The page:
I also don't agree with the assesment of the Angel comic. While not as strong as Buffy S8 in many ways (which - I think - is mostly because of the amazing talent at work in that comic), it's certainly not the fault of the setting or story itself. Indeed, many fans would consider the end of S5 a cliffhanger needing resolution. A point I've never agreed on, but more than enough indication that there are ample story opportunities still there. Not to even mention that Joss already had a season six planned. What's more, the hell-setting is very grounded. It offers clear storytelling opportunities and resonates nicely with the already guilt-ridden character of Angel: was it all his fault? Does he have an obligation to "save" the human race? Do they still keep fighting, even with these odds? It's certainly fairly confined (I imagine this new "status quo" would not have lasted much more than a season - if even that - in a television series), but there's ample storytelling potential there.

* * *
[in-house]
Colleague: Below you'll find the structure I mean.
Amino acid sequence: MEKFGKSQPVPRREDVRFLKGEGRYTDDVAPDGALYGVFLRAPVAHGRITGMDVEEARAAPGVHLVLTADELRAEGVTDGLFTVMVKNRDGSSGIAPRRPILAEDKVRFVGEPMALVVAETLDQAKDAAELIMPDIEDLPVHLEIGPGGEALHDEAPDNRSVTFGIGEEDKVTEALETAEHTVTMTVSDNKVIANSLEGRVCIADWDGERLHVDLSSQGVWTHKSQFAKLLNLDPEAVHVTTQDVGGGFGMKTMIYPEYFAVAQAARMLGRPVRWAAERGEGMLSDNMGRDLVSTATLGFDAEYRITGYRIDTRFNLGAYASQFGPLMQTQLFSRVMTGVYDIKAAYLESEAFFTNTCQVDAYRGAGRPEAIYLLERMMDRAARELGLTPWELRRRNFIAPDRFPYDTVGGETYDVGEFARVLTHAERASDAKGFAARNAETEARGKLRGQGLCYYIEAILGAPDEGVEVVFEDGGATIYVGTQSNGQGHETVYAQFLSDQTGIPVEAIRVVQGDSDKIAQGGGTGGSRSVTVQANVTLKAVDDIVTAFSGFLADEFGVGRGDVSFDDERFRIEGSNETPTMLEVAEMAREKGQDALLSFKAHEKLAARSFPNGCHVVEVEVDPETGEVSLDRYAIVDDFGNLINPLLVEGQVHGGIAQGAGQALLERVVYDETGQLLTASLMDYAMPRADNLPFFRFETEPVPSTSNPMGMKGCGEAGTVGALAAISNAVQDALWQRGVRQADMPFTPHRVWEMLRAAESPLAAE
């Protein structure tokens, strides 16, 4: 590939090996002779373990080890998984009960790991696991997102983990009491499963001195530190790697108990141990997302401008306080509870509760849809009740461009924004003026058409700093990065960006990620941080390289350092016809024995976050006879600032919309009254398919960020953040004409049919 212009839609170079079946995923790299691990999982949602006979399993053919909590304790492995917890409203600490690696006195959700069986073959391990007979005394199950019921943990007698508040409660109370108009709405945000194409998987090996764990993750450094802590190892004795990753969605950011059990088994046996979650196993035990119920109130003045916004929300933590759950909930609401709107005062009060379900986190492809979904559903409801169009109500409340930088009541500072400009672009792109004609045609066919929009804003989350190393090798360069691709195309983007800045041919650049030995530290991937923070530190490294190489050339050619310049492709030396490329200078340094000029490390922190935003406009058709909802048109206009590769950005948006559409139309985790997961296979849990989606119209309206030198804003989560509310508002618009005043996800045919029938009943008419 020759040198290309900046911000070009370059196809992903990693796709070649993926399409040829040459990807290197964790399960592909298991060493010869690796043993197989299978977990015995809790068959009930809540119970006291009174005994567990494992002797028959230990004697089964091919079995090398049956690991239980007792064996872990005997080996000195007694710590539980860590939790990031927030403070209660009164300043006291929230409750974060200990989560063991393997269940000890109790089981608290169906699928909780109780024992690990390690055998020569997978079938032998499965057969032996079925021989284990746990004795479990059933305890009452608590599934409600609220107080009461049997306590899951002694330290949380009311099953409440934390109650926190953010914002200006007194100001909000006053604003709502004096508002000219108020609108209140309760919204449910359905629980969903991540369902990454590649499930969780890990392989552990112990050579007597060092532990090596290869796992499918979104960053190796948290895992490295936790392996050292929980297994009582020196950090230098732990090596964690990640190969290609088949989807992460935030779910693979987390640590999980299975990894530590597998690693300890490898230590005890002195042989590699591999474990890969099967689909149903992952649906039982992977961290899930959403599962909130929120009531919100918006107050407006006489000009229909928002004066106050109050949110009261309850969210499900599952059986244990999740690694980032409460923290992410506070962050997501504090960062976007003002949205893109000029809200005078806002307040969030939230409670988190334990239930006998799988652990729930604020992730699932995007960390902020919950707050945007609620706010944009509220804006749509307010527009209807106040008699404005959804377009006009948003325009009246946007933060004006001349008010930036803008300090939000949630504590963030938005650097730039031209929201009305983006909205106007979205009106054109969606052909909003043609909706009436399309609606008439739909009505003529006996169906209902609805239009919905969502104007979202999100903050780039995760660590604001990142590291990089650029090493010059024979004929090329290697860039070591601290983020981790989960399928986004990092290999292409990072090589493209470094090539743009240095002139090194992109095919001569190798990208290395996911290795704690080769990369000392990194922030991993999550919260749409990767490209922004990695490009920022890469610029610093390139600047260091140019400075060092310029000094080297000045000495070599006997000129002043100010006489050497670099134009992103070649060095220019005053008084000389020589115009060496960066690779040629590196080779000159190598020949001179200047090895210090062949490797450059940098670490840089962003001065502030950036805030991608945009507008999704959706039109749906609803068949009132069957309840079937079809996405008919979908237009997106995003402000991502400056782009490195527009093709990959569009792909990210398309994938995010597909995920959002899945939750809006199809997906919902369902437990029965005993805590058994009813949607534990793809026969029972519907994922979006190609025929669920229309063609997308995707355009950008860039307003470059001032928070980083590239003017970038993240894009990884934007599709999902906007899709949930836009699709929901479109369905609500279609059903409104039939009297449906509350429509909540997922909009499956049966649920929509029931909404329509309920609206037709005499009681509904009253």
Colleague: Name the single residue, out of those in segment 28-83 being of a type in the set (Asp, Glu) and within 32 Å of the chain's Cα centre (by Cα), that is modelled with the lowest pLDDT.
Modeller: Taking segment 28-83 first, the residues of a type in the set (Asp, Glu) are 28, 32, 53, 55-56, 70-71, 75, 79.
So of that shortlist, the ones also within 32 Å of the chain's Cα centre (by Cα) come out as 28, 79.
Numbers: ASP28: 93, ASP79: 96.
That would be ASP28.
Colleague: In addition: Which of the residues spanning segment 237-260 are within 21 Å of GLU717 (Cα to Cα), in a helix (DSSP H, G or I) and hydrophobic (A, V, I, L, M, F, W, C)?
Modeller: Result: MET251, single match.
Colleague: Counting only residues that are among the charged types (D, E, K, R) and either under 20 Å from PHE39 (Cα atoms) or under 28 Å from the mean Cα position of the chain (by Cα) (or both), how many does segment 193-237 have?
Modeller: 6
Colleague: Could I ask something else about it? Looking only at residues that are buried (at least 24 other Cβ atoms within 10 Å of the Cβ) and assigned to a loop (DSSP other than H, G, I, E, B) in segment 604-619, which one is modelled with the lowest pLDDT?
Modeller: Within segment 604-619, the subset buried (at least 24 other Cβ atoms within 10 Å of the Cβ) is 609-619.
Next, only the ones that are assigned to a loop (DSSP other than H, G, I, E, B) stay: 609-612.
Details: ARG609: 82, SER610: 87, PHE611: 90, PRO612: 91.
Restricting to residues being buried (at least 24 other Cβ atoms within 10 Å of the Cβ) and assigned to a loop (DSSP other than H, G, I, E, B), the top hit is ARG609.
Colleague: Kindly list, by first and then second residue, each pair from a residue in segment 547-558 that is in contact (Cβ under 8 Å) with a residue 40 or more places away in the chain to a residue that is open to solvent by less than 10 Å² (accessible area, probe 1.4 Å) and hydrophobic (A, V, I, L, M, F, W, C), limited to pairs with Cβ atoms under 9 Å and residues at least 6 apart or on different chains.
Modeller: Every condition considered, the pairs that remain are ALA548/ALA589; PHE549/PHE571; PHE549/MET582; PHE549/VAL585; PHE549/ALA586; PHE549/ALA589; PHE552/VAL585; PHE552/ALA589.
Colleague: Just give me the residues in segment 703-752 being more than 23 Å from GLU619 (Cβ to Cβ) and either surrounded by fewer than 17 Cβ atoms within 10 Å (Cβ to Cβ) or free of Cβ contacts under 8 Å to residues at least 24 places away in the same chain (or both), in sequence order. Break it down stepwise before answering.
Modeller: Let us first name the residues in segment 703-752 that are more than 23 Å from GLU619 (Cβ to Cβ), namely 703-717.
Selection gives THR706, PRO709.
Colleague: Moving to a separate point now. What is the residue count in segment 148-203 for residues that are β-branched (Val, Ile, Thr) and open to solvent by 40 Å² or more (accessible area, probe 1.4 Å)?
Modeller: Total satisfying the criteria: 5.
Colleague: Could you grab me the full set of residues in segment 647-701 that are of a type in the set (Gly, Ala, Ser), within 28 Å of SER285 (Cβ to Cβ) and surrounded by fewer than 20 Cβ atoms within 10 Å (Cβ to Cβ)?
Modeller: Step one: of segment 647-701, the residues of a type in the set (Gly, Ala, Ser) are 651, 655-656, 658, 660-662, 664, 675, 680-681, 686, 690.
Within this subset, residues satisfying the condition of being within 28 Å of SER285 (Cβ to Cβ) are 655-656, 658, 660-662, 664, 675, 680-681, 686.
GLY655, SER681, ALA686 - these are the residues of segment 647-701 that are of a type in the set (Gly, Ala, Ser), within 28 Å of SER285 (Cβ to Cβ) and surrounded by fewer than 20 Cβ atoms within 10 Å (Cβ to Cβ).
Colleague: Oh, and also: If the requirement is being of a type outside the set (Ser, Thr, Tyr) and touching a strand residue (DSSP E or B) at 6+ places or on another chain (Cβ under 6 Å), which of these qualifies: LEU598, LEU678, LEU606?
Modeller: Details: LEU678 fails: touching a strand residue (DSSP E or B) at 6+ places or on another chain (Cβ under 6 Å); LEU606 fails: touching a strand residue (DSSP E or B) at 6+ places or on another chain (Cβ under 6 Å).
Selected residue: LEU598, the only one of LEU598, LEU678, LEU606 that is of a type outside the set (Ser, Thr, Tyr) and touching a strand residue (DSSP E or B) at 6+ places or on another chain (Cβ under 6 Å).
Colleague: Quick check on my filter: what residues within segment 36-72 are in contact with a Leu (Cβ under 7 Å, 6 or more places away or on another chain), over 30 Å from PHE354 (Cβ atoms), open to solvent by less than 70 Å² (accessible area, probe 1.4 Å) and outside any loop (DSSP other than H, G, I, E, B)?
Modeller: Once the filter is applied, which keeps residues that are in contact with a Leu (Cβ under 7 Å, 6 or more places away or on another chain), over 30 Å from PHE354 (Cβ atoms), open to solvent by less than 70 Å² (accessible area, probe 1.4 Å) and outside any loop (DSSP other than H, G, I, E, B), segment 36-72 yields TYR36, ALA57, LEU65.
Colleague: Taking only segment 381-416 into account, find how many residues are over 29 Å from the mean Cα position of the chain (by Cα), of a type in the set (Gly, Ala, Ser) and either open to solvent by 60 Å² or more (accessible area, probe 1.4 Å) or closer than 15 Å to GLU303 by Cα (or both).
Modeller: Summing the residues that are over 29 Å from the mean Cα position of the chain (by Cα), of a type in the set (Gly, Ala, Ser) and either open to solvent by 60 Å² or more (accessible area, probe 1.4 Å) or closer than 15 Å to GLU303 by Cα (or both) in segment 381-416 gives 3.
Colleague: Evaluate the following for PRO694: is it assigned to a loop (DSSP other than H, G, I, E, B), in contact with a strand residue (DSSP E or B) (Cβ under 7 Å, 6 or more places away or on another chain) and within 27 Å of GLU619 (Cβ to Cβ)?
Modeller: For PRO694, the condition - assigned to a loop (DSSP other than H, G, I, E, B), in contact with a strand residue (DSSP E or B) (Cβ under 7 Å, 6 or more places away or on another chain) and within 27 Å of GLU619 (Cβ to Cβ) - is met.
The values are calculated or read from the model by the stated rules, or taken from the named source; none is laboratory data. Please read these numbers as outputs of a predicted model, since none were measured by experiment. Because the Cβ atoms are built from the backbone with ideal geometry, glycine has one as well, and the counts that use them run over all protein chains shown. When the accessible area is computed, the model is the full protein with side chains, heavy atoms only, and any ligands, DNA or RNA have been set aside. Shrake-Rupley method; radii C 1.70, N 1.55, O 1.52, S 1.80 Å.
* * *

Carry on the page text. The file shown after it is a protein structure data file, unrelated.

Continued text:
As for his Buffy examination, I again think most of his points are spot-on. The series was most coherent in its first three seasons and was always looking for its feet, from a storytelling perspective, in the seasons that followed. What the writer is ignoring, however (perhaps logically, because it's not what this treatise is about), is that the rest of the show remained true to the characters. It had to re´nvent itself and was most succesfull in that (imho) in seasons 5 and 6. Yes, there are things I don't like in those seasons and there are mistakes I think the writers made (which we have all discussed on this site many times before :)), but even then the new status quo - a story about growing up, family and taking responsibility - while successfull, was never as elegant a concept as "high school is hell", which worked and resonated on so many levels. In fact, I'm not sure I ever saw a concept in any show that worked quite as well.